Making the Most of Bollinger Bands

Making the Most of Bollinger Bands

Written on

Jul, 2016

Updated on

Aug, 2020

Table of content

Bollinger Bands are a favorite indicator for online traders for multiple reasons. One, they are visually interesting and resemble a river meandering across a chart. Two, they give decently reliable signals of where prices might reverse, although like all indicators, they are not infallible and the upper, lower and center bands they display are based on past price, so like the Fibonacci retracement, Bollinger Bands are referred to as a “trailing” or “lagging indicator.” They effectively supply an inkling to trend, as well. Bands dropping to the right indicate a downtrend; Bands rising indicate an uptrend. Horizontal bands reveal a dormant market, suggesting a time to avoid trading. The other reason Bollinger Bands are widely used is that they offer an effective means by which to confirm the validity of other indicators and signals.

They are known as an “overlay indicator” because they appear on the time/price grid itself, as opposed to, for example, a stochastic indicator that would be in a separate window.

A Brief History of Bollinger Bands

John Bollinger invented the trading tool that bears his name in the 1980s. He has refined them over the years and as recently as 2010 released additional indicators based on the original Bollinger Bands. Prior to powerful personal computers, that automatically perform all the necessary calculations to display bands on a price chart, traders had to do the calculations manually, which required some intermediate math skills.

The Bollinger Band Tool in Trading Platforms

Bollinger Bands can be used on price charts for any period, but they seem to perform better on longer periods, beginning with at least an hour. Selecting the tool from the list in the trading platform, the trader is given certain options. One of these is “standard deviation.” The default setting in most trading platforms is two standard deviations, which most traders gladly accept. A setting above two will probably produce bands that are so far apart that prices never touch the upper and lower bands. Less than two standard deviations will squeeze the bands so close together that prices will almost constantly be outside the bands.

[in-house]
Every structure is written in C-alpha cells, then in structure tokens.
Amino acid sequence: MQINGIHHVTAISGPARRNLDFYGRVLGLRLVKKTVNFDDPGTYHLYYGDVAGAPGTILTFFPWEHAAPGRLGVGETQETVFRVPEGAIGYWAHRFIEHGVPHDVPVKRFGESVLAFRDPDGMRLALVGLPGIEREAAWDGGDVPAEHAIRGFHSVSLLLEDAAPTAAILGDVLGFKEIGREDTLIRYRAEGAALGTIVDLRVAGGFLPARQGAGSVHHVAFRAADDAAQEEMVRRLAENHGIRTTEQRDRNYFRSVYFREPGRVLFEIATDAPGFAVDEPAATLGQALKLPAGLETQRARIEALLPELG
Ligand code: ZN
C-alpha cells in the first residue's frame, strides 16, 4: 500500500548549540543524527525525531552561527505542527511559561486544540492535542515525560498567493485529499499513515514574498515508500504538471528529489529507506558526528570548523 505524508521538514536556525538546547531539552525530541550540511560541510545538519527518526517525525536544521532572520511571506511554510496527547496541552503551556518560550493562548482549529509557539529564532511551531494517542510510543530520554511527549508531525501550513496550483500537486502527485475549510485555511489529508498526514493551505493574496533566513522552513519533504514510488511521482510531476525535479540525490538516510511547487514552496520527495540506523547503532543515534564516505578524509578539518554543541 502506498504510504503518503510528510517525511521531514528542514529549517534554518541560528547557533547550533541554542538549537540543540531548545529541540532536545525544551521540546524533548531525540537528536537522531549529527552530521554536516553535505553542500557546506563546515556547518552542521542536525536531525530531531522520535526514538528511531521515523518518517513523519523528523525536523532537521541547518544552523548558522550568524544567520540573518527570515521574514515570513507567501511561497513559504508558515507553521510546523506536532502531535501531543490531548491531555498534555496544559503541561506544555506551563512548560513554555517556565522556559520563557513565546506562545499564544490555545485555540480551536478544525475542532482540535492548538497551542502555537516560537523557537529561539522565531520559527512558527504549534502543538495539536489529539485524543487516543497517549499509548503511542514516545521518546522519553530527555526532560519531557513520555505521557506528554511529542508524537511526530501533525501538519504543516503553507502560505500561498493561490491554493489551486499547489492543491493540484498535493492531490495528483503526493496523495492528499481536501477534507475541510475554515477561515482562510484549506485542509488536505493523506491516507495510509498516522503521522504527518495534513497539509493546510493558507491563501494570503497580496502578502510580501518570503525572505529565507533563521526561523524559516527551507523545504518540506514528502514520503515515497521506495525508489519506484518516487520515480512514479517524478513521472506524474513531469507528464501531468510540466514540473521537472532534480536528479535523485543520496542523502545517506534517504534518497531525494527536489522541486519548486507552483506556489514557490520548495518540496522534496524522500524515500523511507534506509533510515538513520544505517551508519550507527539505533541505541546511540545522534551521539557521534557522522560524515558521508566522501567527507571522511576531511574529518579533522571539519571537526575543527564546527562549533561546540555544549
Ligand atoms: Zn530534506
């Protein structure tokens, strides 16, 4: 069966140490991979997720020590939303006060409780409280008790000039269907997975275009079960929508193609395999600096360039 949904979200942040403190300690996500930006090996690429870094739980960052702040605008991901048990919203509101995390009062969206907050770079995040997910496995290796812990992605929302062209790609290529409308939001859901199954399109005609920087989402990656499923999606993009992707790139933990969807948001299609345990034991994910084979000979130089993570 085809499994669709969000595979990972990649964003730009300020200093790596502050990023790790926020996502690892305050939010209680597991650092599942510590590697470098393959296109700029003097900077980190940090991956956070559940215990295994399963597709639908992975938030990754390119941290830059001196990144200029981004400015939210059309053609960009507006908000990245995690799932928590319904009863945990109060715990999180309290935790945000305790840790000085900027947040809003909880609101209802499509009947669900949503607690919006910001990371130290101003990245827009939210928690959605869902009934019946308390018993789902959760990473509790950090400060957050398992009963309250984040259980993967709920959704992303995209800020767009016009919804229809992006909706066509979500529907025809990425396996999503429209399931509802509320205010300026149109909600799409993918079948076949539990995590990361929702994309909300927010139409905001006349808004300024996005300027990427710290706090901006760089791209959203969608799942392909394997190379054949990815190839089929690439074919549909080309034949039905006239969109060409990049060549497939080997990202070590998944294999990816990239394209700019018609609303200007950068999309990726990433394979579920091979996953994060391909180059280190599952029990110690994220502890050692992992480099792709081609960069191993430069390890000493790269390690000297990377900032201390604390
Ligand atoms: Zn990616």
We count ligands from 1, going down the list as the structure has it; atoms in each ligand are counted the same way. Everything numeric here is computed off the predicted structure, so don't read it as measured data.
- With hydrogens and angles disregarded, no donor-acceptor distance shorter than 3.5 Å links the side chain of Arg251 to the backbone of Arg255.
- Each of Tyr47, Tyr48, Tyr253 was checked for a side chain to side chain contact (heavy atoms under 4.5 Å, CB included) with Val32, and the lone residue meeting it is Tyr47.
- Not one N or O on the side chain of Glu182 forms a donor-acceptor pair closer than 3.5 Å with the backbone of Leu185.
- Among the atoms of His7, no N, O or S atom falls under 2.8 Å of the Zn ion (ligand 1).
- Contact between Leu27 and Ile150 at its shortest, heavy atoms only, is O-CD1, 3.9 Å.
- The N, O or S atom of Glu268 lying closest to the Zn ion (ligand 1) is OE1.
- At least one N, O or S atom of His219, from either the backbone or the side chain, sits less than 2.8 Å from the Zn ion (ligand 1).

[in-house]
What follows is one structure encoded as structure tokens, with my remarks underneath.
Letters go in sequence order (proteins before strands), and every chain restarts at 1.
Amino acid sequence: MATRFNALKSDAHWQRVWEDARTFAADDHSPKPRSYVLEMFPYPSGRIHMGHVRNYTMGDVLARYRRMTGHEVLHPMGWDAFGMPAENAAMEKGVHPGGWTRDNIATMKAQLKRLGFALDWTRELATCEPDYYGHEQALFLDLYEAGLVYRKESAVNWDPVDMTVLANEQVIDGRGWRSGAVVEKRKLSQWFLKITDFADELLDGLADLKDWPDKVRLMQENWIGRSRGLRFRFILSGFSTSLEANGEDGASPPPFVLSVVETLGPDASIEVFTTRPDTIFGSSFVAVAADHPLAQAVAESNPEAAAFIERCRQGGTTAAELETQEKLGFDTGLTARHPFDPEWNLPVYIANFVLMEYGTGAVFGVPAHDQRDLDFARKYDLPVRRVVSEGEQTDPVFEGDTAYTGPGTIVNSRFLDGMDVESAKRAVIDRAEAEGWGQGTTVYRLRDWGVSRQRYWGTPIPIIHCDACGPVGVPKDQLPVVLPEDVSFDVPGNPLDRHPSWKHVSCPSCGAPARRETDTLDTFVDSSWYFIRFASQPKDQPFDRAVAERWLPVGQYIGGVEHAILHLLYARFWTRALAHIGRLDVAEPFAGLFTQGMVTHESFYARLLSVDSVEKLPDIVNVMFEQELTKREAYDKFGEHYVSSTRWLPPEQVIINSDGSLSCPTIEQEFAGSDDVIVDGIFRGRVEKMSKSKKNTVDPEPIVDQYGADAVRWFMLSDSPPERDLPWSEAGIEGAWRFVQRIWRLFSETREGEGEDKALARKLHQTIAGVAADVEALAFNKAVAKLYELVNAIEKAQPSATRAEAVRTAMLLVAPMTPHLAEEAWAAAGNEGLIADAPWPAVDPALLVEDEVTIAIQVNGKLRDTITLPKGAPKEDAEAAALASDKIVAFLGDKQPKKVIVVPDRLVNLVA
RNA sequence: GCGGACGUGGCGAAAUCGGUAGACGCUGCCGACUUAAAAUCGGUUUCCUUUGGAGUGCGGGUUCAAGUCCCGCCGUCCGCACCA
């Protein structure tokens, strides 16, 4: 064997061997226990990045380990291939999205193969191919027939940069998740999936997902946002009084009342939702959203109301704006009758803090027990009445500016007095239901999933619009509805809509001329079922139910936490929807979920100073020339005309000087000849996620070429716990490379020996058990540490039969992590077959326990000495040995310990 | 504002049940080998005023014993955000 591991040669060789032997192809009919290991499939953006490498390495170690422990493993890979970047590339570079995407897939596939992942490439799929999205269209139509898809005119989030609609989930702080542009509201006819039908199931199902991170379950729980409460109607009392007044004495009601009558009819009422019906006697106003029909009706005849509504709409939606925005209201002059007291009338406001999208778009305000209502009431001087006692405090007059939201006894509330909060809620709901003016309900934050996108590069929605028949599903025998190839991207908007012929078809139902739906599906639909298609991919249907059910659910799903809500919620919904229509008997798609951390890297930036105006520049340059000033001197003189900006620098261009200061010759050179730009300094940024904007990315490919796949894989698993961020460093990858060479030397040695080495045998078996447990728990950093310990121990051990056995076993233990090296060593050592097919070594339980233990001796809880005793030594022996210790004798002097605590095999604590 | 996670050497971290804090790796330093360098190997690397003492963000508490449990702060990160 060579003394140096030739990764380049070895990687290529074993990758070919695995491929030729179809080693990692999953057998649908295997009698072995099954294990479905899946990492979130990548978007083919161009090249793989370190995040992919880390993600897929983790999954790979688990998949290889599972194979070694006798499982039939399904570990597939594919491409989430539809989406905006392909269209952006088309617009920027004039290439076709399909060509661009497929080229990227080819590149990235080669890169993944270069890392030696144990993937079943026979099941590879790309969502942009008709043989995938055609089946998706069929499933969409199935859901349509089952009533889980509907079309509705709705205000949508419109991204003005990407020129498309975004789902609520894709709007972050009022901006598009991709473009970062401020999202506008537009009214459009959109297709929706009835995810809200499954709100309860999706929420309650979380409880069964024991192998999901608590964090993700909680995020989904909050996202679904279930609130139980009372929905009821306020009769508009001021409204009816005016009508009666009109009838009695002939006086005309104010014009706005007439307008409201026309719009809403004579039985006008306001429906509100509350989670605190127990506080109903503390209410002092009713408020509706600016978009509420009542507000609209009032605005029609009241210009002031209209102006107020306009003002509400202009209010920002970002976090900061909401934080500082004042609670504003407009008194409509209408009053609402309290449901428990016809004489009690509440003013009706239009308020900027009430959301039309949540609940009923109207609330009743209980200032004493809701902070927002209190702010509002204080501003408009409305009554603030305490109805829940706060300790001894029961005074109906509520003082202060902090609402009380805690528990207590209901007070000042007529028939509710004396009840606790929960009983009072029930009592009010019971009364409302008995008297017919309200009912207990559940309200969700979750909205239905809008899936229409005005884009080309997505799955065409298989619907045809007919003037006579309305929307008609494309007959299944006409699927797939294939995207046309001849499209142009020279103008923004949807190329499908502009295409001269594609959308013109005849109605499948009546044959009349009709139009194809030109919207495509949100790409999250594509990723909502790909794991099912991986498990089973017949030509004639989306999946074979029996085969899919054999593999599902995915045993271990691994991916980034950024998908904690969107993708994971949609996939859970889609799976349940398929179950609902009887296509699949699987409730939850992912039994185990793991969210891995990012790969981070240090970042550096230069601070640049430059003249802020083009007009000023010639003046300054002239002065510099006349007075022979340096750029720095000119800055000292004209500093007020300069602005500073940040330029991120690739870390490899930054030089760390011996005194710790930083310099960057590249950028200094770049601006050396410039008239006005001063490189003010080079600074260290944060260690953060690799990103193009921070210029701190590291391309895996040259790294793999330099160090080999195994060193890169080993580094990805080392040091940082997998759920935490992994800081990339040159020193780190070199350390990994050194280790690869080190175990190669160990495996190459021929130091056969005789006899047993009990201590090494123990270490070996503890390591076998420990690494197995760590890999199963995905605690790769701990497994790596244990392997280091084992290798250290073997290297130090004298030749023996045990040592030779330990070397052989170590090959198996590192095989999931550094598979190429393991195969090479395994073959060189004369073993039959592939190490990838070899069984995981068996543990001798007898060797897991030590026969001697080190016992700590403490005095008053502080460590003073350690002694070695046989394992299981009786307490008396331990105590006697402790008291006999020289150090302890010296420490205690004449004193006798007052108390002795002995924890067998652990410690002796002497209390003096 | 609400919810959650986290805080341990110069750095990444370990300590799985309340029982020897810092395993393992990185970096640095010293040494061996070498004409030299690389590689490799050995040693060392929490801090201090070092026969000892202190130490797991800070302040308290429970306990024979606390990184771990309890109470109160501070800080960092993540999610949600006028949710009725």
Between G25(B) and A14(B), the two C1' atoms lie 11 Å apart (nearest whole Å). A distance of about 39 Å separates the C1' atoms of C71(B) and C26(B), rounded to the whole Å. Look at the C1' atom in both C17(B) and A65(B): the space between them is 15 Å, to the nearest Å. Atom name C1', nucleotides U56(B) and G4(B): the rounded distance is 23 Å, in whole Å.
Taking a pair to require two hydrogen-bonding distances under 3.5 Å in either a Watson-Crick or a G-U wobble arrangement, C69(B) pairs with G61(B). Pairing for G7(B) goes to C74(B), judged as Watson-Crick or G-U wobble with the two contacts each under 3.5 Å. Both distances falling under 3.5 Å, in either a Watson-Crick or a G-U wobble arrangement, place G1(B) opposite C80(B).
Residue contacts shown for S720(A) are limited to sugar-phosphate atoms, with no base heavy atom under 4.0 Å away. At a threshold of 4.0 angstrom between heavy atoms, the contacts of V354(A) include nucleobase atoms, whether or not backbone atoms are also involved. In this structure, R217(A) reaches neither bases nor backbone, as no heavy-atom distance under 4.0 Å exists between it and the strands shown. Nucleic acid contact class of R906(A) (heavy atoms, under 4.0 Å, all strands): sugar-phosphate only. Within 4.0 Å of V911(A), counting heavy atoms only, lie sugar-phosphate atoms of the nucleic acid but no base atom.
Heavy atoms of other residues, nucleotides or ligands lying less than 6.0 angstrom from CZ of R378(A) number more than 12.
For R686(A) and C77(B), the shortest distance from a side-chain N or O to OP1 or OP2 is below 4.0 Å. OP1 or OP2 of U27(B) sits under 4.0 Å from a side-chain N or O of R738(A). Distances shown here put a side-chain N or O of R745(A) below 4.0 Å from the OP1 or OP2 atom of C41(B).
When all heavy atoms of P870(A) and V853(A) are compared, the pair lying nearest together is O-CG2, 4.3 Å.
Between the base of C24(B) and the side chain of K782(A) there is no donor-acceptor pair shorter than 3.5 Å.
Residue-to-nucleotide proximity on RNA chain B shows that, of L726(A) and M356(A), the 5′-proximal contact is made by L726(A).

The other main option is “periods,” where the trader decides how many price candles or bars to use in order for the calculations. The default is typically 14, meaning that on an hourly chart, the last 14 hours of prices will be used for the calculations. This setting is easy to personalize, using the Bollinger Band tool in, for example, the trading platform of AlfaTrade. Many traders like to experiment with different periods, similar to what they might use for a moving average indicator, setting the period to 50, 100 or 200.

There are other options, mostly cosmetic, relating to the color of the bands, the thickness of the lines, or whether or not to display the middle band.

Trading Forex with Bollinger Bands-Interpretation

It is possible to use Bollinger Bands more than one way. Some traders will trade completely within the bands, buying when prices touch the lower band, selling when they touch the upper band and exiting trades when prices touch the opposite band from where they entered the trade. Other traders will wait for prices to break outside the bands, selling when the lower band is broken and buying when the upper band is broken. Still others will wait for a band to be broken, and then wait one more price bar or candle to see if prices return to the Bollinger Band channel. They then enter long or short positions, exiting those positions when prices touch the center band. Some experienced Forex traders combine the approaches, dependent on the currency pair or the period being used.

Other Bollinger Band Considerations

Like all lines on a price chart, the upper, lower and center lines of Bollinger Bands need to be given some space above and below the band, indicating a range of prices. For many Forex currency pairs, on intermediate time frame charts, thinking of the band as being about eight pips wide is effective.

Another good use of Bollinger Bands is to determine the relative volatility of a currency pair. When the upper and lower bands are far apart, prices are swinging quickly. When the bands are close together, prices will be quieter. When bands start very far apart and then constrict together, it could be a sign of rapid and dramatic price change.


Bollinger Bands can be an effective indicator, if traders take some time to gain experience with them and observe when they give good signals or when they are not as reliable. They tend to fail more often in quiet markets.

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